This just came in my Inbox from Trudog.com and I thought I’d share it with you. You never know when you’ll need it. I wonder, had I known how to do this, could I have saved my sweet Maggie who died of a massive heart attack right next to me in bed one morning? I gave her mouth-to-nostril resuscitation but not chest compressions. Wish I had had this information all those years ago:
It’s hard seeing your dog in a life or death situation, especially when you’re the only one that can save his life. Desperation and fear may cause you to panic in circumstances like this, but having the tools and skills you need to change the situation will arm you with confidence. If your dog is unresponsive or not breathing, cardiopulmonary resuscitation, or CPR may be necessary.
Indications that CPR may be needed include your dog not breathing, blinking, moving, or unconsciousness. These signs can be a result of the dog choking, cardiac arrest, electric shock, drowning, choking or many other traumatic situations. The CPR maneuver will artificially pump blood and oxygen to your dog for a short period of time until you are able to get veterinary help. Although there is no guarantee that this will save your furry friend’s life, it certainly increases their chances at survival.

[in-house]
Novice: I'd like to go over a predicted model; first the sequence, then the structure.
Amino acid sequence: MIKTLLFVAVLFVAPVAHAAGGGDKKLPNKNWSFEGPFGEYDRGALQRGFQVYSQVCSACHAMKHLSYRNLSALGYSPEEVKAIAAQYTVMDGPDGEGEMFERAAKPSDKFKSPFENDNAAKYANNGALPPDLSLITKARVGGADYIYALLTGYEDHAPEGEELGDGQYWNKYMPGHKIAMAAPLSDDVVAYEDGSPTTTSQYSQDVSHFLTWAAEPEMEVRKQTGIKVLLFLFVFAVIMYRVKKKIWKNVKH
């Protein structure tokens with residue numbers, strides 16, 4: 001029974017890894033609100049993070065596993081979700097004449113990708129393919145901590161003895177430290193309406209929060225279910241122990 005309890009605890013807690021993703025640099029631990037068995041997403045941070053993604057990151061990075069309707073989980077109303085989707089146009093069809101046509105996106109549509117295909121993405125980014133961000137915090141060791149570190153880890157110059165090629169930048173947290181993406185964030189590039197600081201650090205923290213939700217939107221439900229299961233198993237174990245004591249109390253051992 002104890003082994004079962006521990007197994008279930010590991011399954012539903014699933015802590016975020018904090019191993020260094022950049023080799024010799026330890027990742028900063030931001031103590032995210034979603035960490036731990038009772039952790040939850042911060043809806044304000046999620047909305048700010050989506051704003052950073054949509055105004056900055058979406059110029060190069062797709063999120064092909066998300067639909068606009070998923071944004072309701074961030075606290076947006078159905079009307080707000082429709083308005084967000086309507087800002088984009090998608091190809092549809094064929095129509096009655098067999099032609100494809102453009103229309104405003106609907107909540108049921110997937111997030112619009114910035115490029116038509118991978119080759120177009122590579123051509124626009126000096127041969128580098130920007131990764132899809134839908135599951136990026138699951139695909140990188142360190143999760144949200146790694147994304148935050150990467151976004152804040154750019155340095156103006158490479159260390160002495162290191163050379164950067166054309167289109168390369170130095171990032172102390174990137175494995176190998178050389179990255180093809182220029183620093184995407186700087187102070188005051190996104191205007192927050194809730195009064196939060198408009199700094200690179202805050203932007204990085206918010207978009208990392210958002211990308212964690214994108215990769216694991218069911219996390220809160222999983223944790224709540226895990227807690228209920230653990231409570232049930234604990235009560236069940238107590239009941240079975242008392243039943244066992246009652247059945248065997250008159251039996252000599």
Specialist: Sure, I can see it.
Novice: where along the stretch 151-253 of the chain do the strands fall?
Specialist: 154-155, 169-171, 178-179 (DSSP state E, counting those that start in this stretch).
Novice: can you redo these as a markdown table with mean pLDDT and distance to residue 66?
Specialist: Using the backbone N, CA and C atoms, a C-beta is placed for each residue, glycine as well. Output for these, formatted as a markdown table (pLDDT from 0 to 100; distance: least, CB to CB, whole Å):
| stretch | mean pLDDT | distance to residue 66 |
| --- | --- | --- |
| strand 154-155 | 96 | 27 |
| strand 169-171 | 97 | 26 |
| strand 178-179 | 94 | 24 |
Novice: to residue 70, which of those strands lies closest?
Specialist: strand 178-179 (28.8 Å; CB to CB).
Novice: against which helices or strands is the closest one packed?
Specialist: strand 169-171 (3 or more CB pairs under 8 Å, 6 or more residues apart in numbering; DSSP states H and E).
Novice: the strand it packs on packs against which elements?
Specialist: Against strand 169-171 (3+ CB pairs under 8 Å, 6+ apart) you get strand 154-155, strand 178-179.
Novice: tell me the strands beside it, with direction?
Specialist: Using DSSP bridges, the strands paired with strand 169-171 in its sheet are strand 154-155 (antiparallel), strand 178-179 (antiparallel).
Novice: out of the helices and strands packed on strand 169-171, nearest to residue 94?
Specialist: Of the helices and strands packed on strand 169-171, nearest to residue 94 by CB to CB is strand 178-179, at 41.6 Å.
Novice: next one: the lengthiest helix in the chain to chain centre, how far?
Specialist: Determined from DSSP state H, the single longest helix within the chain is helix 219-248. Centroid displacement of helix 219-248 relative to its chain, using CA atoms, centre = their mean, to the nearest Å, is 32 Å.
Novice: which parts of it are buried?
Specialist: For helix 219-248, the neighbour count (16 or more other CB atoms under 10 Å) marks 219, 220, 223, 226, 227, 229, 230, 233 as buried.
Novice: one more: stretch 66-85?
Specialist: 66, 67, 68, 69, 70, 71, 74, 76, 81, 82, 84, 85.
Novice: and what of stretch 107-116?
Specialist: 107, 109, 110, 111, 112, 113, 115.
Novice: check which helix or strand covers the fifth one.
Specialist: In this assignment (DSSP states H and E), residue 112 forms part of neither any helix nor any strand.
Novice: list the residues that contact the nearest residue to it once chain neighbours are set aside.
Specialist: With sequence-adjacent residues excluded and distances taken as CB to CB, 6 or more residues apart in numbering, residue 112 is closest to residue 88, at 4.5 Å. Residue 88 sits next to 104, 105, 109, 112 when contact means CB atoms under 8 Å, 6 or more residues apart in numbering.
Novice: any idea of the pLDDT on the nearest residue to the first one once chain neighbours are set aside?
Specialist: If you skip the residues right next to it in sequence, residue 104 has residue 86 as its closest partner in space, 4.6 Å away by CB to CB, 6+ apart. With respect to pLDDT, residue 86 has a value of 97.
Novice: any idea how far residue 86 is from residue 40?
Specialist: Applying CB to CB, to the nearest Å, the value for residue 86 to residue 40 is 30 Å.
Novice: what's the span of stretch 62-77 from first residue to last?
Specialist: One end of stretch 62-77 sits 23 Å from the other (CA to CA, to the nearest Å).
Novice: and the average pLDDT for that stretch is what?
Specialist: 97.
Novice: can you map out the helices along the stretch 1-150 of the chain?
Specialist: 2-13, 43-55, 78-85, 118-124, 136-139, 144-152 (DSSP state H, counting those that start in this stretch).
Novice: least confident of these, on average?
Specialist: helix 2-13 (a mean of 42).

If you have to perform CPR on your dog or a friend’s dog, it’s important to try to stay calm. Remove any immediate dangers to you or the dog before beginning. If necessary, move the dog to a safe area before beginning. Have someone get on the phone with an emergency veterinarian right away while you perform compressions.
Knowing what to do in an emergency can save lives, and you never know when you’ll need this life-saving information. You can also keep the Red Cross Pet First Aid app on your mobile phone for use during an emergency.
Unfortunately, if there is no oxygenated blood flowing to the brain for more than 10 minutes brain damage is almost certain and the chances of recovery are grim, so be sure to rush your pet to the veterinarian immediately. Sometimes performing CPR for a few minutes will give the dog enough time to recover just enough to start breathing on his own again.
Always be prepared for an emergency. Act quickly but decisively. And don’t forget to ask your angels for help!